This is very interesting and I do hope you get to the bottom of it. Perhaps you uncovered a bug in one of the players.

post #65 of 73

OK. I will get to the bottom of this. I checked and I do have the equalizer lowering the 8K band with a very narrow impact. It calls this a "Q" of one. But I made this change from complete accuracy today, adjusting for the headphones with my poor, limited hearing. All the tests over the previous two days have proved she can tell the difference with ALAC files. This is back when I checked all the settings of both players, disabling anything that even remotely looked like it could effect the sound., basically returning each player to its default settings.

 

What are the adjustable filter parameters that the documentation of Audirvana talks about? That is the only difference that I can think of between how each player is set up. The documentation talks about things like pre-ringing and post-ringing, and adjusting the slope of the filter. It speaks of sonic tradeoffs with each setting.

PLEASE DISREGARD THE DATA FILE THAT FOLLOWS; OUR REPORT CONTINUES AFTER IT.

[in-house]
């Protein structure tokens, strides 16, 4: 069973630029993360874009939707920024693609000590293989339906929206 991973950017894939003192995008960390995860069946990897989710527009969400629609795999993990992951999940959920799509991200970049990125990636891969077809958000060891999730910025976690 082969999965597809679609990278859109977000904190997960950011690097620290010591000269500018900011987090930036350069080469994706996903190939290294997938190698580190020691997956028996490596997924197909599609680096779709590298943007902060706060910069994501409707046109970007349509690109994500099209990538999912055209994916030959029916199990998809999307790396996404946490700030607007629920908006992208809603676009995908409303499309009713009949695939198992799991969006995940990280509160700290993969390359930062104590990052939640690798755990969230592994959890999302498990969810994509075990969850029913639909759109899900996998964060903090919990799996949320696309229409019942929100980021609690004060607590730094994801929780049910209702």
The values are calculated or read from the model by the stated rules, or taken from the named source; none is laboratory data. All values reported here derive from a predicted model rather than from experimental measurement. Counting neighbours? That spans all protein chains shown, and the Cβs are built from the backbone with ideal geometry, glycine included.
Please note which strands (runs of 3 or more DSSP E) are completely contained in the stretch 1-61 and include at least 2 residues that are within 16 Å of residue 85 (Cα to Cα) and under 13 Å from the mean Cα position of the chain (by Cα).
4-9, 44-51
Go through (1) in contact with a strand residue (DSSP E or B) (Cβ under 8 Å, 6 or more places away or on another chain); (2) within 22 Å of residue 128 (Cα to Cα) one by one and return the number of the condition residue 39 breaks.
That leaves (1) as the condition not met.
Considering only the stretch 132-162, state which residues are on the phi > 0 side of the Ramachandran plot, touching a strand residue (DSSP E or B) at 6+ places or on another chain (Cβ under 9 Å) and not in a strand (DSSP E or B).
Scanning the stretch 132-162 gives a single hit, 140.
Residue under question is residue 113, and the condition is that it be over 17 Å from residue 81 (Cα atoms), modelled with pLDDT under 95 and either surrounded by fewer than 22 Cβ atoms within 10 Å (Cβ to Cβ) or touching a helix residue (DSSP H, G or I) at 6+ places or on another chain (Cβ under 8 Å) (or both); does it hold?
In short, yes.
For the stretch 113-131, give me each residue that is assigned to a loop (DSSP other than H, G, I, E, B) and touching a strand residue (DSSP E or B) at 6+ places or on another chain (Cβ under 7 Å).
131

Bob Graham

 

PS: I have just realized there is one additional parameter called "clip protection" that is on, which is its default setting. Now its on "flat line overflows". However, I looked at the ALAC with which I tested. The audio does not even come close to clipping.


Edited by r010159 - 3/3/14 at 5:28pm
post #66 of 73

Yes, make sure you turn everything off before getting another lossless audition involved.  I would even recommend contacting JRiver and Audirvana just to make sure everything is indeed off.  These players have so many cryptic terminology and hidden menus you never know what is doing what and when.  I am sure however both of these player makers would love to make sure you have their player setup properly for such a comparison to back their 'bit-perfect' claims.